* A knowledge of the fundamental principles of the content, and

* An awareness of how much they probably already know.

To put it simply, I need to say that an ESP teacher should not become a teacher of subject matter but a teacher of English through a subject matter. Of course, in a learning-centered approach, an ESP teacher needs to negotiate the texts with the learners. In this way, the reciprocal contribution of the teacher and the learners in negotiating the meaning helps the ESP teacher to take in/acquire the basic knowledge of the subject matter.

One source through which the subject may have some influence on language is vocabulary, which is of four types:

* Structural

* General

* Sub-technical

* Technical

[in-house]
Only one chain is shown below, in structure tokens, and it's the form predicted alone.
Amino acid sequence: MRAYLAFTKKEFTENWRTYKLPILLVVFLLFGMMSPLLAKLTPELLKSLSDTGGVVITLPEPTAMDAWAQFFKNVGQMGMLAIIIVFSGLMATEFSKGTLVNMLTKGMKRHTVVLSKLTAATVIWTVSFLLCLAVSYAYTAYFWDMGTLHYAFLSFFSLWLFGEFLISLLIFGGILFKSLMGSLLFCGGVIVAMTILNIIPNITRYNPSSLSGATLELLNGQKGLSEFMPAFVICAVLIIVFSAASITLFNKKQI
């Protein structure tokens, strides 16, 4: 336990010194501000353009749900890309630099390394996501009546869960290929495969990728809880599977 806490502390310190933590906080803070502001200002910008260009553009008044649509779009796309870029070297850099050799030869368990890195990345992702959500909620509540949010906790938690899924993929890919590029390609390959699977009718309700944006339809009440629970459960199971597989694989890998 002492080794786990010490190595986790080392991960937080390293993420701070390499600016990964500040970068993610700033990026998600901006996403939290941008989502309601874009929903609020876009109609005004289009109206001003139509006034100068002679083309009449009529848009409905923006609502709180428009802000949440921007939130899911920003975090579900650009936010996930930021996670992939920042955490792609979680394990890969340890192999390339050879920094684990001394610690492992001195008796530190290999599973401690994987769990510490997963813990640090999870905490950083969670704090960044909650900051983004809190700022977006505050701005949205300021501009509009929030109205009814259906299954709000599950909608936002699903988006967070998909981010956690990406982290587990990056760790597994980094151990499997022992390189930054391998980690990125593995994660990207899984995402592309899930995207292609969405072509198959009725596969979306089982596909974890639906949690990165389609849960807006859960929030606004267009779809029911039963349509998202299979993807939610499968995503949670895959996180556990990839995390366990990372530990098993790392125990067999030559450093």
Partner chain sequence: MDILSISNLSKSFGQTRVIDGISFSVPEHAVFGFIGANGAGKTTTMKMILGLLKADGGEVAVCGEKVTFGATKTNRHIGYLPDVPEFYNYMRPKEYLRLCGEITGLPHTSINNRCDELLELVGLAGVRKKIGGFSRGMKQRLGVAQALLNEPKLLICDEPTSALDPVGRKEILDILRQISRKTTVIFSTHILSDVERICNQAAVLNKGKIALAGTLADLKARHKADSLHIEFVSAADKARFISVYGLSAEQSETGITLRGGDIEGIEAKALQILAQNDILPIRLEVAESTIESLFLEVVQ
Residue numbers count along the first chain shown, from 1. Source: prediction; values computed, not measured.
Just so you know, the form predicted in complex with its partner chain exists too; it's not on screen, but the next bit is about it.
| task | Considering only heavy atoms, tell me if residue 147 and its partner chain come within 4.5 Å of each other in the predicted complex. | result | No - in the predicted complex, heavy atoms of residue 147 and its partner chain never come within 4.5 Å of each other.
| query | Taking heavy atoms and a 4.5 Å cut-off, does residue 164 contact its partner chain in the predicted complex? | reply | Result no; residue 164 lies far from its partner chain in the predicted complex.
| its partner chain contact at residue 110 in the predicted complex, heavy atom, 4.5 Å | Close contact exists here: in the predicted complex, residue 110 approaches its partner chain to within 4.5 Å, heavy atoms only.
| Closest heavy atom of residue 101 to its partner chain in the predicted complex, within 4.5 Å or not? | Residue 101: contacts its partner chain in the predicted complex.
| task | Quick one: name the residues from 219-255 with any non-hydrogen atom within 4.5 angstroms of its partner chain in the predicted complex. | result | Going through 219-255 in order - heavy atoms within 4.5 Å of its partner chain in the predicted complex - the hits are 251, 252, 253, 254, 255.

Inman (1978) found that in an extensive corpus of scientific and technical writing, technical vocabulary accounted for only nine percent of the total range of lexis. These technical terms are likely to pose the least threat to learners as most of such words are internationally used, and on the other hand, the percentage of these technical terms is too low to affect comprehension drastically. In other words, the possible effect of technical words which scares the language teacher is not tremendously so enormous that a subject specialist takes over. Therefore, I think, in terms of language content, there is little justification for a content specific approach to ESP, and it becomes less significant when we take into account the underlying skills and strategies required to comprehend the text. Widdowson (1983: 82) states that “there is no reason why register, varieties or rhetorical types should not be characterized by reference to the communicative properties of linguistic forms in context,” which are the major priority but by the subject matter to which a subsidiary role should be assigned.